Opinionomics | 2 May 2012

Must-read comment and analysis. Featuring a sweary Stephen King, and burgers in Buenos Aires.

1. A European macro-question for Paul Krugman (Kantoos Economics)

Kantoos suggests that "the optimal policy – taking ECB policy as given – is to add monetary and fiscal stimulus to the periphery (only), as far as that’s possible, such that the period of adjustment is less painful, and limit the overheating of the German economy".

2. Why Big Macs Are Cheap In Argentina (Slate | Moneybox)

He's addressed it a couple of times before, but here Matt Yglesias lays out the full history behind the quirk that is Argentine burger prices.

3. Dear Bank of Japan: So you tried the easing thing a gazillion times… (FT alphaville)

David Keohane suggests that maybe Japan might like to consider a currency floor.

4. If Hollande takes victory he will need to win Merkel over too (Independent)

Margareta Pagano writes that Hollande's first visit as president should be to Berlin to persuade Merkel that austerity alone is not enough.

5. Tax Me, for F@%&’s Sake! (The Daily Beast)

Stephen King scolds the superrich (including himself—and Mitt Romney) for not giving back, and warns of a Kingsian apocalyptic scenario if inequality is not addressed in America.

Cheaper in Argentina: A Big Mac. Photograph: Getty Images

Alex Hern is a technology reporter for the Guardian. He was formerly staff writer at the New Statesman. You should follow Alex on Twitter.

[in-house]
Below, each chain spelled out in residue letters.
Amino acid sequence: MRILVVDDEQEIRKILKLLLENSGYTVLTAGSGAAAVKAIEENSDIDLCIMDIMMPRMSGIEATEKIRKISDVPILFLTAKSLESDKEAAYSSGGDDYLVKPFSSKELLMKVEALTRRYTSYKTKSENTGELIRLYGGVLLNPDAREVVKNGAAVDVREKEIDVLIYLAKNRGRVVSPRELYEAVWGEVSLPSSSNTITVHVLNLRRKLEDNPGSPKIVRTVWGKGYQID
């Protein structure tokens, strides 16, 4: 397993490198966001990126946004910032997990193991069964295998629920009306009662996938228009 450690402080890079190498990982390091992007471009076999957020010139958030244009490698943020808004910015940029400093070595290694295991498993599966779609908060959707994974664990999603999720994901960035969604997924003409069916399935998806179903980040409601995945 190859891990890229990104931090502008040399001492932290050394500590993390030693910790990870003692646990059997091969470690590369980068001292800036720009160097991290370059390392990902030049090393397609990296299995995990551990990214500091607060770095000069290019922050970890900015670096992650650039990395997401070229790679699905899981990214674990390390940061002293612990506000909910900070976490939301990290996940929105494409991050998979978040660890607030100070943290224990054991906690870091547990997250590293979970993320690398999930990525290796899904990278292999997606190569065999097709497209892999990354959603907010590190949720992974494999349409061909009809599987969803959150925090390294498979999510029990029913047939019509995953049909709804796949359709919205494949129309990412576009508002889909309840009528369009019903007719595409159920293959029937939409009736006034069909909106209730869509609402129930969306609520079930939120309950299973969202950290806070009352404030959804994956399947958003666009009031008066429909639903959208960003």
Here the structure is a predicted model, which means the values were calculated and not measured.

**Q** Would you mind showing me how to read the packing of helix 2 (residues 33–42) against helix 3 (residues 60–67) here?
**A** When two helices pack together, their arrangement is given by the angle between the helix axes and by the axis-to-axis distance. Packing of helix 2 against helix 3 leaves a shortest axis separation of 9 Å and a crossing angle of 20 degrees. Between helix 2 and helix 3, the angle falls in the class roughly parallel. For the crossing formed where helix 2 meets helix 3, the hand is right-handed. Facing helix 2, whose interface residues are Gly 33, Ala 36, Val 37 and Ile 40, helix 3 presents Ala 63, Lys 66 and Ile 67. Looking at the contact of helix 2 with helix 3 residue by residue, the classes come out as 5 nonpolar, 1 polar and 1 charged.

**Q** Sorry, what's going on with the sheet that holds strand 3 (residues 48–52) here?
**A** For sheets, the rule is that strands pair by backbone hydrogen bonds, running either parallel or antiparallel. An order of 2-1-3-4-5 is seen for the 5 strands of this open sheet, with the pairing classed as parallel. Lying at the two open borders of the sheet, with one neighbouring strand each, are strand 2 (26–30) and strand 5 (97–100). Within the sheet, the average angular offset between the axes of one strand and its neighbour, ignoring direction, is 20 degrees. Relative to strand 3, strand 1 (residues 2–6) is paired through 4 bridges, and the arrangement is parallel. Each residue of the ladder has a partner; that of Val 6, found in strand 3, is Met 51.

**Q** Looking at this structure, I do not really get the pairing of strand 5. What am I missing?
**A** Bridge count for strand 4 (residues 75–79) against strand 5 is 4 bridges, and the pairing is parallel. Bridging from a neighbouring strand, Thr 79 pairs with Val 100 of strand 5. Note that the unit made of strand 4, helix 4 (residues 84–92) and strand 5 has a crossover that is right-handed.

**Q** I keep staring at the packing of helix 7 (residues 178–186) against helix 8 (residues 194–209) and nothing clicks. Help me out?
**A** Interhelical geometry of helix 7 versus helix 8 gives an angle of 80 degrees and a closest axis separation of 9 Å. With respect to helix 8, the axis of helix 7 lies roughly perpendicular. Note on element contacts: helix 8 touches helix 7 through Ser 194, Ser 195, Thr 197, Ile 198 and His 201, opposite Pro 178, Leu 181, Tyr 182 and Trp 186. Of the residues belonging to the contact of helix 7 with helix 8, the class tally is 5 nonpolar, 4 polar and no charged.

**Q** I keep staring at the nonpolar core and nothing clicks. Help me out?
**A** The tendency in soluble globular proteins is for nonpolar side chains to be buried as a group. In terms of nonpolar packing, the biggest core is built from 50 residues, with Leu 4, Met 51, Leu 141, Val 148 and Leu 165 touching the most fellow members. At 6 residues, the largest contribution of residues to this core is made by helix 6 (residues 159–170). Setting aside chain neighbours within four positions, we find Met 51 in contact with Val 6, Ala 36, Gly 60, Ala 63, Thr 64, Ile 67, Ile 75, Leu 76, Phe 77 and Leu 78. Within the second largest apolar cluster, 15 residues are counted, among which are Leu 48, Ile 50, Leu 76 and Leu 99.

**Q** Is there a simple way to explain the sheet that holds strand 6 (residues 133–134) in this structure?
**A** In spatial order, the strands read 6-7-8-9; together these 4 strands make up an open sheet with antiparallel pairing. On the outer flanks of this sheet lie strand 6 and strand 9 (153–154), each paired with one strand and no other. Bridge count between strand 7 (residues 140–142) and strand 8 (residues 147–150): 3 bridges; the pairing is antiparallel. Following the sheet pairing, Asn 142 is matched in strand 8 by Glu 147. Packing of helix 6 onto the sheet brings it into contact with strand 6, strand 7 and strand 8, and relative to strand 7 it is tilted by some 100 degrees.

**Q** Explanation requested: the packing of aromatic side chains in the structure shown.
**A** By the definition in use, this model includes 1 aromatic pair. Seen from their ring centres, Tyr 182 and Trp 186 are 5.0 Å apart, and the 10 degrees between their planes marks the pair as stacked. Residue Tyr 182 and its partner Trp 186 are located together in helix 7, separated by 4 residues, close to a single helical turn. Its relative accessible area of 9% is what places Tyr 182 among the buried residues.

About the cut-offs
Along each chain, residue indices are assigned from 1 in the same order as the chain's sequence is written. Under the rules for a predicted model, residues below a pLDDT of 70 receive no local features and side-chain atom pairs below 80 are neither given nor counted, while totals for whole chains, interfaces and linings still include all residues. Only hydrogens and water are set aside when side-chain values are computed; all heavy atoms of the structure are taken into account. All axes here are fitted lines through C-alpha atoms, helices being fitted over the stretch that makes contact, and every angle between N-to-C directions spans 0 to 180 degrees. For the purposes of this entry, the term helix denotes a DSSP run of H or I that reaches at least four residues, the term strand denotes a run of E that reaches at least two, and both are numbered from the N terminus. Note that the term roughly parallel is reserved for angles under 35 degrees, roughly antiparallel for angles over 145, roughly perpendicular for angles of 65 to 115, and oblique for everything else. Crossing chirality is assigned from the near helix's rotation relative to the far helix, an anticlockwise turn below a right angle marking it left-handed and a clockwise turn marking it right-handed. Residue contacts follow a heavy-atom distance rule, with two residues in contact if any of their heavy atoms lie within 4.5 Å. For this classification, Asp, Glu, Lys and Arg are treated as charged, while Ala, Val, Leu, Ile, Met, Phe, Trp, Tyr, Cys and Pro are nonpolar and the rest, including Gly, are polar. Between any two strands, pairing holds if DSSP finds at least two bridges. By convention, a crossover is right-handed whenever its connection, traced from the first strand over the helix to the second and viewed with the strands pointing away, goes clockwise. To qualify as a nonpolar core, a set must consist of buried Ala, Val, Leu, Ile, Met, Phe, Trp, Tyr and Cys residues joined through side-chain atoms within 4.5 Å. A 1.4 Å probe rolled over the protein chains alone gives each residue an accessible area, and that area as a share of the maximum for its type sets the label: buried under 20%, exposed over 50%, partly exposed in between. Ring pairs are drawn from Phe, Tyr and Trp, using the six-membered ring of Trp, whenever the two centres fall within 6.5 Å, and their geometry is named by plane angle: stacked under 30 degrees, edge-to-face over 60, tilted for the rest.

Photo: Getty
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Scotland's vast deficit remains an obstacle to independence

Though the country's financial position has improved, independence would still risk severe austerity. 

For the SNP, the annual Scottish public spending figures bring good and bad news. The good news, such as it is, is that Scotland's deficit fell by £1.3bn in 2016/17. The bad news is that it remains £13.3bn or 8.3 per cent of GDP – three times the UK figure of 2.4 per cent (£46.2bn) and vastly higher than the white paper's worst case scenario of £5.5bn. 

These figures, it's important to note, include Scotland's geographic share of North Sea oil and gas revenue. The "oil bonus" that the SNP once boasted of has withered since the collapse in commodity prices. Though revenue rose from £56m the previous year to £208m, this remains a fraction of the £8bn recorded in 2011/12. Total public sector revenue was £312 per person below the UK average, while expenditure was £1,437 higher. Though the SNP is playing down the figures as "a snapshot", the white paper unambiguously stated: "GERS [Government Expenditure and Revenue Scotland] is the authoritative publication on Scotland’s public finances". 

As before, Nicola Sturgeon has warned of the threat posed by Brexit to the Scottish economy. But the country's black hole means the risks of independence remain immense. As a new state, Scotland would be forced to pay a premium on its debt, resulting in an even greater fiscal gap. Were it to use the pound without permission, with no independent central bank and no lender of last resort, borrowing costs would rise still further. To offset a Greek-style crisis, Scotland would be forced to impose dramatic austerity. 

Sturgeon is undoubtedly right to warn of the risks of Brexit (particularly of the "hard" variety). But for a large number of Scots, this is merely cause to avoid the added turmoil of independence. Though eventual EU membership would benefit Scotland, its UK trade is worth four times as much as that with Europe. 

Of course, for a true nationalist, economics is irrelevant. Independence is a good in itself and sovereignty always trumps prosperity (a point on which Scottish nationalists align with English Brexiteers). But if Scotland is to ever depart the UK, the SNP will need to win over pragmatists, too. In that quest, Scotland's deficit remains a vast obstacle. 

George Eaton is political editor of the New Statesman.